11. Ima Teacher

    Ima Teacher Virtuoso

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    I have lived in the same small town where I work for my whole career. Never an issue. Ever.

    There is only one school district for my whole county. I'm one of only two people who teach my subject and grade. This is my 20th year. If they've got kids, there's a 50% chance I've had them or will have them.

    For the most part, they ignore me or interact like any other neighbor. I don't do anything different. I go about my business. I get the mail in my pajamas and mow my yard in ratty clothes.
     
  12. ACardAttack

    ACardAttack Companion

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    Aug 9, 2012

    I don't think it would be an issue...I tried transferring to a school closer to where I live, and I've seen kids with shirts on in my neighborhood and at the gym as well. I always get a kick the few times I've seen kids I know out in public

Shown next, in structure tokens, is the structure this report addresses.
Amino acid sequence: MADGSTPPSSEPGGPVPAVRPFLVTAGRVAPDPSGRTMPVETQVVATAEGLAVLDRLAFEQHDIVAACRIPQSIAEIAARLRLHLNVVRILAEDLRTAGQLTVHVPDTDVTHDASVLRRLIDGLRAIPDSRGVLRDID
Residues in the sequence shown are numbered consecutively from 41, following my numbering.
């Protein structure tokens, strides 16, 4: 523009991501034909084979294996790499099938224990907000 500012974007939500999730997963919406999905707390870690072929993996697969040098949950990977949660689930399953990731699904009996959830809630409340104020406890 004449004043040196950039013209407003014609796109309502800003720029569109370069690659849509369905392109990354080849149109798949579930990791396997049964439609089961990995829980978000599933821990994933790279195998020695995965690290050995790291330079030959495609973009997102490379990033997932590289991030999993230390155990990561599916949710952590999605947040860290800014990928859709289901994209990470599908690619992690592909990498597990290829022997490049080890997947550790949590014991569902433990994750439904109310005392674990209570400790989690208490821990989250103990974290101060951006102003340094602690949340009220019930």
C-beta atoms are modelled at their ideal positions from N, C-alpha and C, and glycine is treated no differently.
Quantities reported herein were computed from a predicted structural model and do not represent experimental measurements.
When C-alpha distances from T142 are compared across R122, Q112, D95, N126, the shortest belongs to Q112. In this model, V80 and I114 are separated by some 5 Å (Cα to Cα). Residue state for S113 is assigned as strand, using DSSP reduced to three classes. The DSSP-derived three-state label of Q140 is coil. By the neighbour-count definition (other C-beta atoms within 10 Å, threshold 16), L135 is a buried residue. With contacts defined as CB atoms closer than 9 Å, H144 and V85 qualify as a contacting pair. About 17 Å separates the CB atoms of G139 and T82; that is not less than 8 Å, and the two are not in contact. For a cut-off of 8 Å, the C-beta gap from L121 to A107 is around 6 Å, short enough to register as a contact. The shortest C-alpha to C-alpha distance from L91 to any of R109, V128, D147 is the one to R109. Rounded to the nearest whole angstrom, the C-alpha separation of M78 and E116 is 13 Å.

13. PinkCupcake

    PinkCupcake Cohort

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    Aug 9, 2012

    I don't live in the immediate area where I teach, but I'm fairly involved with the community. I'm constantly on the go, so I'm everywhere it seems. I know some parents and kids from my school personally through church and my gym. I sometimes will run into students if I'm at the gas station or Walmart closest to the school. The looks of surprise on their faces when you see them outside of school can be amusing.
     
  14. chebrutta

    chebrutta Enthusiast

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    Aug 9, 2012

    I used to live in a neighborhood with a lot of my students. They left notes and cookies in my mailbox. One kid even cat-sat for me while I was on vacation. The most "messing around" I got was a forked yard... I actually thought it was pretty funny and clever of them - got to play a trick on Teacher without a huge mess. Kids have to be kids :)

    Actually, one Halloween one of my students - not from the neighborhood - was trick-or-treating with his friends. He didn't realize it was my house... when he saw me, he turned around and tried to escape, but the screen door stuck and he couldn't get off the porch! It was hysterical - and he was so embarrassed. And I gave him extra candy for the pain of having to see me outside of school.